Is Governor Henry really Corrupt

Oklahoma State Senate
Co-President Pro Tempore
Senator Glenn Coffee, R-Oklahoma City
State Capitol Room 418
Oklahoma City, Oklahoma 73105
(405) 521-5636

June 6, 2008

FOR IMMEDIATE RELEASE
Contact: Paul Ziriax, Leadership Assistant
Office of the Co-President Pro Tempore
State Capitol: (405) 596-3874
ziriax@oksenate.gov

Henry Says No to Accountability and Innovation in Government

State Capitol, Oklahoma City – A lot of good ol’ boys at the State Capitol oppose the Senate Republicans’ efforts to make state government more open, more efficient, more accountable, and more innovative.

Gov. Brad Henry is apparently one of them.

Friday Henry vetoed Senate Bill 1865, by Co-President Pro Tem Glenn Coffee, that would have created an Office of Accountability and Innovation at the Legislative Service Bureau.

The office was to conduct regular performance audits of agencies, recommend best practices to improve efficiency in government, review tax policy, and suggest new innovations to make government more accountable and effective for taxpayers.

“Gov. Henry’s veto is a big victory for the good ol’ boys don’t want us to succeed in making state government more open, more accountable, more efficient, and more innovative,” stated Coffee, R-Oklahoma City.

“There are a lot of people who would prefer that the Legislature didn’t try to weed out political corruption or ask questions about why taxpayer dollars are spent on projects such as McAlester dog food plants. These people are very happy that Gov. Henry vetoed this bill,” Coffee said.

“Our proposal for a new Office of Accountability and Innovation is similar in concept to the U.S. Congress’s Government Accountability Office. This bill represented an effort to make government better, so I am shocked and disappointed the governor said no to SB 1865.

“Gov. Henry’s veto is not the end of this story, though, because Senate Republicans will be back again next year fighting to change state government for the better by making it more efficient and more accountable to the people of Oklahoma,” he said.

Oklahoma State Senate
Co-President Pro Tempore
Senator Glenn Coffee, R-Oklahoma City
State Capitol Room 418
Oklahoma City, Oklahoma 73105
(405) 521-5636

June 6, 2008
FOR IMMEDIATE RELEASE
Contact: Paul Ziriax, Leadership Assistant
Office of the Co-President Pro Tempore
State Capitol: (405) 521-5654
ziriax@oksenate.gov

Henry Chooses Trial Lawyers over Teachers, Vetoes School Protection Act

State Capitol, Oklahoma City – When it comes to choosing trial lawyers or teachers, Oklahomans now know where Gov. Brad Henry’s loyalties lie: The trial lawyers.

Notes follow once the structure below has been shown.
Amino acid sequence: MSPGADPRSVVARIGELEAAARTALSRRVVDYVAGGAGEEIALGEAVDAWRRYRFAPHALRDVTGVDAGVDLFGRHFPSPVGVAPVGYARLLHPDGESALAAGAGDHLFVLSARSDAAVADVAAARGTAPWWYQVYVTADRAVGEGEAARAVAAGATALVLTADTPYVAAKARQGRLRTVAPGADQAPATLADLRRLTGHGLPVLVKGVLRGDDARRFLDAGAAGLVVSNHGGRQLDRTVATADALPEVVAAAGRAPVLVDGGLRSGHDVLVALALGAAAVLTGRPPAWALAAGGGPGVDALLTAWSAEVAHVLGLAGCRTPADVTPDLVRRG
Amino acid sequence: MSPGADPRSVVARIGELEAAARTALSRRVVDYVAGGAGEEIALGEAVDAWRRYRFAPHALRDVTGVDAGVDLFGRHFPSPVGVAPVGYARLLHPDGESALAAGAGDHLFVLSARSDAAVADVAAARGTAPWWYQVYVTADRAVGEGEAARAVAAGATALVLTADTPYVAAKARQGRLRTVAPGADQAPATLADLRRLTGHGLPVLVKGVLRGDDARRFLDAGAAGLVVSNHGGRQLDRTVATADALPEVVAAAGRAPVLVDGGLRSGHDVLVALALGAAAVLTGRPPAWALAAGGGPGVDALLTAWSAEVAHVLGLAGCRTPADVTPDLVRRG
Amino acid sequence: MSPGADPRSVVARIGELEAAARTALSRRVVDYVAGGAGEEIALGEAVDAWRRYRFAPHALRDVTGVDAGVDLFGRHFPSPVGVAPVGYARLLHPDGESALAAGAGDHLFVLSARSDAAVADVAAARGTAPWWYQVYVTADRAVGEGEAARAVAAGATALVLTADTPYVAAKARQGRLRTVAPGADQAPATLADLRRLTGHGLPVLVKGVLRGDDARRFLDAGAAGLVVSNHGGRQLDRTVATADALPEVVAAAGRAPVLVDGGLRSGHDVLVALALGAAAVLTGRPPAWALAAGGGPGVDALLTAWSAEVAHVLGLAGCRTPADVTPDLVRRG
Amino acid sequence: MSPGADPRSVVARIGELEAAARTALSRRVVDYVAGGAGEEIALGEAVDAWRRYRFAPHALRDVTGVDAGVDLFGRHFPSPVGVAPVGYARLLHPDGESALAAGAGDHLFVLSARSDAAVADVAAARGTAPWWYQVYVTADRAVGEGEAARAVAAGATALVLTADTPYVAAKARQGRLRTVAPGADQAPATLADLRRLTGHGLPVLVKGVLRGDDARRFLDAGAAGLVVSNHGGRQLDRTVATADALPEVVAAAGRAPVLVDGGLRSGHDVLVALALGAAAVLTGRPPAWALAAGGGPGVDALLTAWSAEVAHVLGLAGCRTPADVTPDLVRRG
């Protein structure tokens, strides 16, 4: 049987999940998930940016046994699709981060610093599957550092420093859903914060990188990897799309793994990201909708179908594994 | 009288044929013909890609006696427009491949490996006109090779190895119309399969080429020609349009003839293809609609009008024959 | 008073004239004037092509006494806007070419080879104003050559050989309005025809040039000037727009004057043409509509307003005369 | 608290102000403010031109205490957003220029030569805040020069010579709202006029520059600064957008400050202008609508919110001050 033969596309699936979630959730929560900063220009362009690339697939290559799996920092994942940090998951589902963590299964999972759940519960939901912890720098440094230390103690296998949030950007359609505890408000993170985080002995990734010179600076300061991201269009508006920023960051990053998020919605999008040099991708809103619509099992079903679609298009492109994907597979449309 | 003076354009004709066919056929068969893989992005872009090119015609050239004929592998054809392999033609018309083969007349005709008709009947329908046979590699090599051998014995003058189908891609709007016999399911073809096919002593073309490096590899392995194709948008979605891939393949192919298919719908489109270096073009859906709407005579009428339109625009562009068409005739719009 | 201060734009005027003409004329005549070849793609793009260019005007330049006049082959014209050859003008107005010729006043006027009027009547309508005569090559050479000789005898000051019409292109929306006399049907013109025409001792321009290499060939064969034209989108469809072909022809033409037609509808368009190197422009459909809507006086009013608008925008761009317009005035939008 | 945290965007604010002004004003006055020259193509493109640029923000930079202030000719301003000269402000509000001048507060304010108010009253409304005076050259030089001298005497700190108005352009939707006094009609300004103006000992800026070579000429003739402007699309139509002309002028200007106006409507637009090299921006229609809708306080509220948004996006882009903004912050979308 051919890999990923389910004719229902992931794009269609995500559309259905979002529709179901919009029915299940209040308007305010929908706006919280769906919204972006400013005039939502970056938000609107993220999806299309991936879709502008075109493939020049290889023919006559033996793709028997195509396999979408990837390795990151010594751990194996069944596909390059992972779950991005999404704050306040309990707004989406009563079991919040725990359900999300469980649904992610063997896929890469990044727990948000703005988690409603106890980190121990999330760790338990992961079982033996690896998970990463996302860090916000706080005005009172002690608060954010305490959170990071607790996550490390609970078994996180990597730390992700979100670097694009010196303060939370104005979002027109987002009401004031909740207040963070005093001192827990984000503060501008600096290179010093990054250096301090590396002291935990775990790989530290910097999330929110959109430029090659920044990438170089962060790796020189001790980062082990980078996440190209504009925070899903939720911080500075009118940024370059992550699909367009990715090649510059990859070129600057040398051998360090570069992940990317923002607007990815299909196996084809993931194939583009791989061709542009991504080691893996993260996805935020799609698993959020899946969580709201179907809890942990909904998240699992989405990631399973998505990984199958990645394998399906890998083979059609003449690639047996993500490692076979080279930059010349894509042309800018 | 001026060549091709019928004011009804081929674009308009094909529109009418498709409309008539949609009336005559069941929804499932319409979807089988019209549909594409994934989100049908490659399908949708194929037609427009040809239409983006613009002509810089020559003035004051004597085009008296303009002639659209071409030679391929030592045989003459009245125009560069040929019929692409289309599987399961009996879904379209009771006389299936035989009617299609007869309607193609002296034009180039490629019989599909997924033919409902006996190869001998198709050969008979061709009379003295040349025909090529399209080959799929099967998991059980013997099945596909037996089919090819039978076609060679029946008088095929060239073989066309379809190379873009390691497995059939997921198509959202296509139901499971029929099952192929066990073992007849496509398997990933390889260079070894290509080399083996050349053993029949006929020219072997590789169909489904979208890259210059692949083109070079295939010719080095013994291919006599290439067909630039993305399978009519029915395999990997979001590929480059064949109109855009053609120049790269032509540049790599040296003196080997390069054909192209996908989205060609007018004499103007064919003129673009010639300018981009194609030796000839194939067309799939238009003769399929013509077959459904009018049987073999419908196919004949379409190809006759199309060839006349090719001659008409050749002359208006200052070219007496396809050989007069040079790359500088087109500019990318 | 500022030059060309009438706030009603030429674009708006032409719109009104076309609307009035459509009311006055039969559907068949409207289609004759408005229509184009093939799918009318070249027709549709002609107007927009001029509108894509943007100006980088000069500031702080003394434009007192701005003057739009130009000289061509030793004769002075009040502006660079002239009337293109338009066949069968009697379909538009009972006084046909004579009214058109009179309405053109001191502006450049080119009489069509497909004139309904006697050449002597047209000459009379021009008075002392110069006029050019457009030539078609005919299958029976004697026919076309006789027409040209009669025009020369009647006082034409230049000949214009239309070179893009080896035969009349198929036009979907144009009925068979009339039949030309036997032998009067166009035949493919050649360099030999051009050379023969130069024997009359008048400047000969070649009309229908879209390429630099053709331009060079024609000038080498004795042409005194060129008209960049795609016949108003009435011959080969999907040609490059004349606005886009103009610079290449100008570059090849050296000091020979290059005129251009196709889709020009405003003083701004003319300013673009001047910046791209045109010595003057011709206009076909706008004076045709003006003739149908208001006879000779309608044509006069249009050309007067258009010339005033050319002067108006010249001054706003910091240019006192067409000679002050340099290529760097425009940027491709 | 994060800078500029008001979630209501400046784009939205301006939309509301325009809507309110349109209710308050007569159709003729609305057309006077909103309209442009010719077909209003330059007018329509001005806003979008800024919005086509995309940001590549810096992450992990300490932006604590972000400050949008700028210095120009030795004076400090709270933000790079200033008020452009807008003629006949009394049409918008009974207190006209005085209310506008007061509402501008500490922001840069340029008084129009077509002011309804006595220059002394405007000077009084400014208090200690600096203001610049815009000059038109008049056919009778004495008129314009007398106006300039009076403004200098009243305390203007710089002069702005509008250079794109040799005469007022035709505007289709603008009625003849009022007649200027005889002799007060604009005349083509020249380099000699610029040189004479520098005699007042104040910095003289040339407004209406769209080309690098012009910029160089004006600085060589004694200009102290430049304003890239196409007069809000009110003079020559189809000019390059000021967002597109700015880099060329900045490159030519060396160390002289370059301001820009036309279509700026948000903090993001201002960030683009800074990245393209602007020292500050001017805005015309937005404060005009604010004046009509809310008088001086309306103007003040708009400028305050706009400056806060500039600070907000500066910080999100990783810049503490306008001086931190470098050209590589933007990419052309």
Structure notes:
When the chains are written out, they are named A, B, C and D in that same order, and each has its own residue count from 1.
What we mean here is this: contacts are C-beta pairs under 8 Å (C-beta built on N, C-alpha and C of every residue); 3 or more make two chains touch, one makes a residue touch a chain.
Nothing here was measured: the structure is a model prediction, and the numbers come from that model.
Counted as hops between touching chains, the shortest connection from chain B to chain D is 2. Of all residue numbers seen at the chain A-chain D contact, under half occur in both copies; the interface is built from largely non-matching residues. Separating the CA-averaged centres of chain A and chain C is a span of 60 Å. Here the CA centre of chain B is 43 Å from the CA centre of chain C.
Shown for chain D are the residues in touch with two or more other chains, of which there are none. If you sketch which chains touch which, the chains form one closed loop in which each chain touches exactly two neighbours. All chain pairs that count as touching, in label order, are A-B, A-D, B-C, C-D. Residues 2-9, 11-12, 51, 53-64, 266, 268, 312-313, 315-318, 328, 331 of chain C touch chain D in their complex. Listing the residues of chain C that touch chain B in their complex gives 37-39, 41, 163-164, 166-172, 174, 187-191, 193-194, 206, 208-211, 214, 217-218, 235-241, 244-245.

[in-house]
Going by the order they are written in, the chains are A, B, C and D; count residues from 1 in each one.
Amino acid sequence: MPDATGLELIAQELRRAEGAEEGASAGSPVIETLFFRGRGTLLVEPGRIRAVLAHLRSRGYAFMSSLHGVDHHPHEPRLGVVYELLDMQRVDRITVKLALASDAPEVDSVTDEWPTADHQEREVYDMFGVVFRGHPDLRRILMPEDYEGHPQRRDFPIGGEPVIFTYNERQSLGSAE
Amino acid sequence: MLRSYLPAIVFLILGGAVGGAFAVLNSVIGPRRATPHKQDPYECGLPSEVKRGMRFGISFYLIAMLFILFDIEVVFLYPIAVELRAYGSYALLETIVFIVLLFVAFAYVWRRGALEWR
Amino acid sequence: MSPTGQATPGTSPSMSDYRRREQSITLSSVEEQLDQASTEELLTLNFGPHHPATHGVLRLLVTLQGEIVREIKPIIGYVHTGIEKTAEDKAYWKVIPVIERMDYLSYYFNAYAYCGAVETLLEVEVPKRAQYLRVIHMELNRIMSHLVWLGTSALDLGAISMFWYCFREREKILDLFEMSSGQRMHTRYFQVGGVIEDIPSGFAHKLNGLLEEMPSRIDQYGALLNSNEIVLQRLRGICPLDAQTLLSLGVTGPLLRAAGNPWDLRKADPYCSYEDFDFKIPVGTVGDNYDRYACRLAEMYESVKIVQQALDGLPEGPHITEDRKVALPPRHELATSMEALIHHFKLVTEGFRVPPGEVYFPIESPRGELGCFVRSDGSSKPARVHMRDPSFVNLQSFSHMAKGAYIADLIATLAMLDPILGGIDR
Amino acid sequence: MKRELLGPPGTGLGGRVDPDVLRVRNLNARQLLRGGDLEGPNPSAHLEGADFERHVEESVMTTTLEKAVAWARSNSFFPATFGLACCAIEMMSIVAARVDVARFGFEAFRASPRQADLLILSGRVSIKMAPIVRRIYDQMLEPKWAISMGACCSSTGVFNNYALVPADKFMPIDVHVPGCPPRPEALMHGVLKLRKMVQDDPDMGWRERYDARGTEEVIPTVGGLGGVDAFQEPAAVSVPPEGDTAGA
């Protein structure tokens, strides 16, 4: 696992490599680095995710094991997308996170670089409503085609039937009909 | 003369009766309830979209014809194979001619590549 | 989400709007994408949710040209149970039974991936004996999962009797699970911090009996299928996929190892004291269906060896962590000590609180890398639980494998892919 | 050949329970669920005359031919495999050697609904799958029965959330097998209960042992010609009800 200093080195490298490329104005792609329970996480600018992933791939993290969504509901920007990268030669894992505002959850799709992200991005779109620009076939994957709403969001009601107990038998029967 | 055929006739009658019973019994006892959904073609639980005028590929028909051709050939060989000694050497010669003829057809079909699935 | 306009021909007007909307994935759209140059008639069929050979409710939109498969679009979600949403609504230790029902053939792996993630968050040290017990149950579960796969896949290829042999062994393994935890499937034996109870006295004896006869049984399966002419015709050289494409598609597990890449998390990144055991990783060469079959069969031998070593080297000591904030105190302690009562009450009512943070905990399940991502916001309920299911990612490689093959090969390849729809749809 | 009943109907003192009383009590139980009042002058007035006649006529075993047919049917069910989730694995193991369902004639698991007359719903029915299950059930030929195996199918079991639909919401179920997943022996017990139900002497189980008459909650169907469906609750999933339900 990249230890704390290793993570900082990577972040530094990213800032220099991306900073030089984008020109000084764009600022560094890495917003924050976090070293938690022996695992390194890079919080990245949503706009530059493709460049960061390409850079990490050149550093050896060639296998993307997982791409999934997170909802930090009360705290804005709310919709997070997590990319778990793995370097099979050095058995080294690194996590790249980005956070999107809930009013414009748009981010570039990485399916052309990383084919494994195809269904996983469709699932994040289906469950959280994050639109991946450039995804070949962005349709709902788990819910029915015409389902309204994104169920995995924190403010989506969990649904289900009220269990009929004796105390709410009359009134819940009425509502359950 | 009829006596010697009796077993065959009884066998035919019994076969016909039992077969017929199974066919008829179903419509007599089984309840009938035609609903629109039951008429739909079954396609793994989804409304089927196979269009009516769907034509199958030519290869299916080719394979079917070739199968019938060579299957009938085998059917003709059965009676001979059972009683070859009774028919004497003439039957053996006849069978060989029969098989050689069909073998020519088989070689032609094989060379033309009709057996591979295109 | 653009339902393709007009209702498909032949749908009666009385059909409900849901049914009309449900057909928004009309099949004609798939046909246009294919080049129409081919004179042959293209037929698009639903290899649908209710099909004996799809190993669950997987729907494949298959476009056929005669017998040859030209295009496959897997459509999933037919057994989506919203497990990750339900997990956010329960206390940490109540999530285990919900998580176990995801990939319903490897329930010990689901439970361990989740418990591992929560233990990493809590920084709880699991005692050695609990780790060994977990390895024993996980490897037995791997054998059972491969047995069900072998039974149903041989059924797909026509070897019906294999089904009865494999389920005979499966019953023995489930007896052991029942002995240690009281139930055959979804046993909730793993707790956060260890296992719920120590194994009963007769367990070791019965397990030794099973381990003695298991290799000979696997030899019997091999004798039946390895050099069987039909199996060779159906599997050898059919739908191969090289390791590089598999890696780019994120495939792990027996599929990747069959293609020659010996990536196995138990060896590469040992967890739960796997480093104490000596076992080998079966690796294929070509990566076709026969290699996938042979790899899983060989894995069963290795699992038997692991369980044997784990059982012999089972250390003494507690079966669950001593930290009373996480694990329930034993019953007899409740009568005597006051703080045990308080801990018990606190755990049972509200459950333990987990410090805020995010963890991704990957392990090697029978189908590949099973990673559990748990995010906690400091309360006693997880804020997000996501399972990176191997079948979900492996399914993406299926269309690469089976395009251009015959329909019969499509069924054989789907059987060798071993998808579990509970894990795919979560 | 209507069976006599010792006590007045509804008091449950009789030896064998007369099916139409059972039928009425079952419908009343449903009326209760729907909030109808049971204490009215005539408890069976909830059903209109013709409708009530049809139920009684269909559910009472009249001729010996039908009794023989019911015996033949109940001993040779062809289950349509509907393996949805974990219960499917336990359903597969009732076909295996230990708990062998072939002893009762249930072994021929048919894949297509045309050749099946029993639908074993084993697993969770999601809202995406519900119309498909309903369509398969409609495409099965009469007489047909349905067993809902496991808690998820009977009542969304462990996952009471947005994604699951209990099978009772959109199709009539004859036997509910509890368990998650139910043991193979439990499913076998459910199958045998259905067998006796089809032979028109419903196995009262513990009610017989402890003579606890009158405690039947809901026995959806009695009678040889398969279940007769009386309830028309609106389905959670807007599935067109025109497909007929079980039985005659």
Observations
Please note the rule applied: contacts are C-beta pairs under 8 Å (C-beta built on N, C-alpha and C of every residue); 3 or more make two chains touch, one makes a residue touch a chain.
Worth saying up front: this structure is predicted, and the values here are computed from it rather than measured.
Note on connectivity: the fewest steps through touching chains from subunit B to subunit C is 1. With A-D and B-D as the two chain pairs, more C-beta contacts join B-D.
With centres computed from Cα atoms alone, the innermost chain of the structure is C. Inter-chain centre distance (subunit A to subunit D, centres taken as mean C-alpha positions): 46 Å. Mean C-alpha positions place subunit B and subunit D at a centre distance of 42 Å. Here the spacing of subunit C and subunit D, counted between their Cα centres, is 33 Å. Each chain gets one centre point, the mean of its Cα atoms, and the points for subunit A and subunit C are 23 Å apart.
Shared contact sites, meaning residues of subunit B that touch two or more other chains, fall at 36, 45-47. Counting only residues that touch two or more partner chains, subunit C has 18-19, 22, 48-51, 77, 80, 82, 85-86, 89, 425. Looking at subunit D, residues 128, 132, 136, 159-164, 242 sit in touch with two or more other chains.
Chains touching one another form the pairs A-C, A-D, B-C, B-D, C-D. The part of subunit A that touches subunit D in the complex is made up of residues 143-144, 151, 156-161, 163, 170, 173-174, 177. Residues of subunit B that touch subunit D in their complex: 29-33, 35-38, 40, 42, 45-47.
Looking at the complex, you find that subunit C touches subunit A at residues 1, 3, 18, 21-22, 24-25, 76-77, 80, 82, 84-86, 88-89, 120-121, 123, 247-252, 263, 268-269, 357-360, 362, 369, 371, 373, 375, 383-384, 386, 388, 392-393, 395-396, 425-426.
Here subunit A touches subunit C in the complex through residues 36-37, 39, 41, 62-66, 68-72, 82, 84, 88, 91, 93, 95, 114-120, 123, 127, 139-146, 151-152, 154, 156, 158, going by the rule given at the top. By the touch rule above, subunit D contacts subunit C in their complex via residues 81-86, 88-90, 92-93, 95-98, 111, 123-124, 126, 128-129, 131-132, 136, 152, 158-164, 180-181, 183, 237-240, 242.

Friday Henry vetoed a bipartisan lawsuit reform bill that would have curbed lawsuit abuse against teachers and school administrators who enforce discipline in the classroom. The veto is a major blow to teachers and schools, but it protects Henry’s allies in the trial lawyer industry.

The School Protection Act, Senate Bill 1024, is authored by State Senate Co-Floor Leader Owen Laughlin, R-Woodward, and State Rep. Dan Sullivan, R-Tulsa. The bill was supported by the Oklahoma Education Association.

“It’s ironic that the self-described ‘education governor’ has put the interests of the ‘Big Trial Lawyers’ industry ahead of the interests of teachers and schoolchildren. It is very discouraging to see the lengths this governor will go to stop even the most modest of lawsuit reform proposals from becoming law in Oklahoma,” said Laughlin.

“Once again Governor Henry has vetoed a bipartisan lawsuit reform bill, and once again he has refused to tell the Legislature which reforms – if any – he is actually willing to support,” stated Coffee, R-Oklahoma City. “It’s becoming painfully clear there is no lawsuit reform proposal this governor will sign. We may have to go to a vote of the people if we ever want to accomplish meaningful lawsuit reform for Oklahoma.”

Editors’ note: Here are Highlights of The School Protection Act :

• Would have provided liability protection for actions taken in good faith by a school district for the out-of-school suspension of a dangerous or disruptive student pursuant to applicable Oklahoma Statutes.

• Would have provided liability protection for losses or claims resulting from the use of “necessary and reasonable force” by a school district employee to control and discipline a student during the time the student is in attendance or in transit to and from the school, or at a school function.

• Would have awarded attorneys’ fees and court costs to school districts that successfully defend a lawsuit against the district or an education employee.

• Would have made it a crime for students to falsely accuse education employees of criminal activity.

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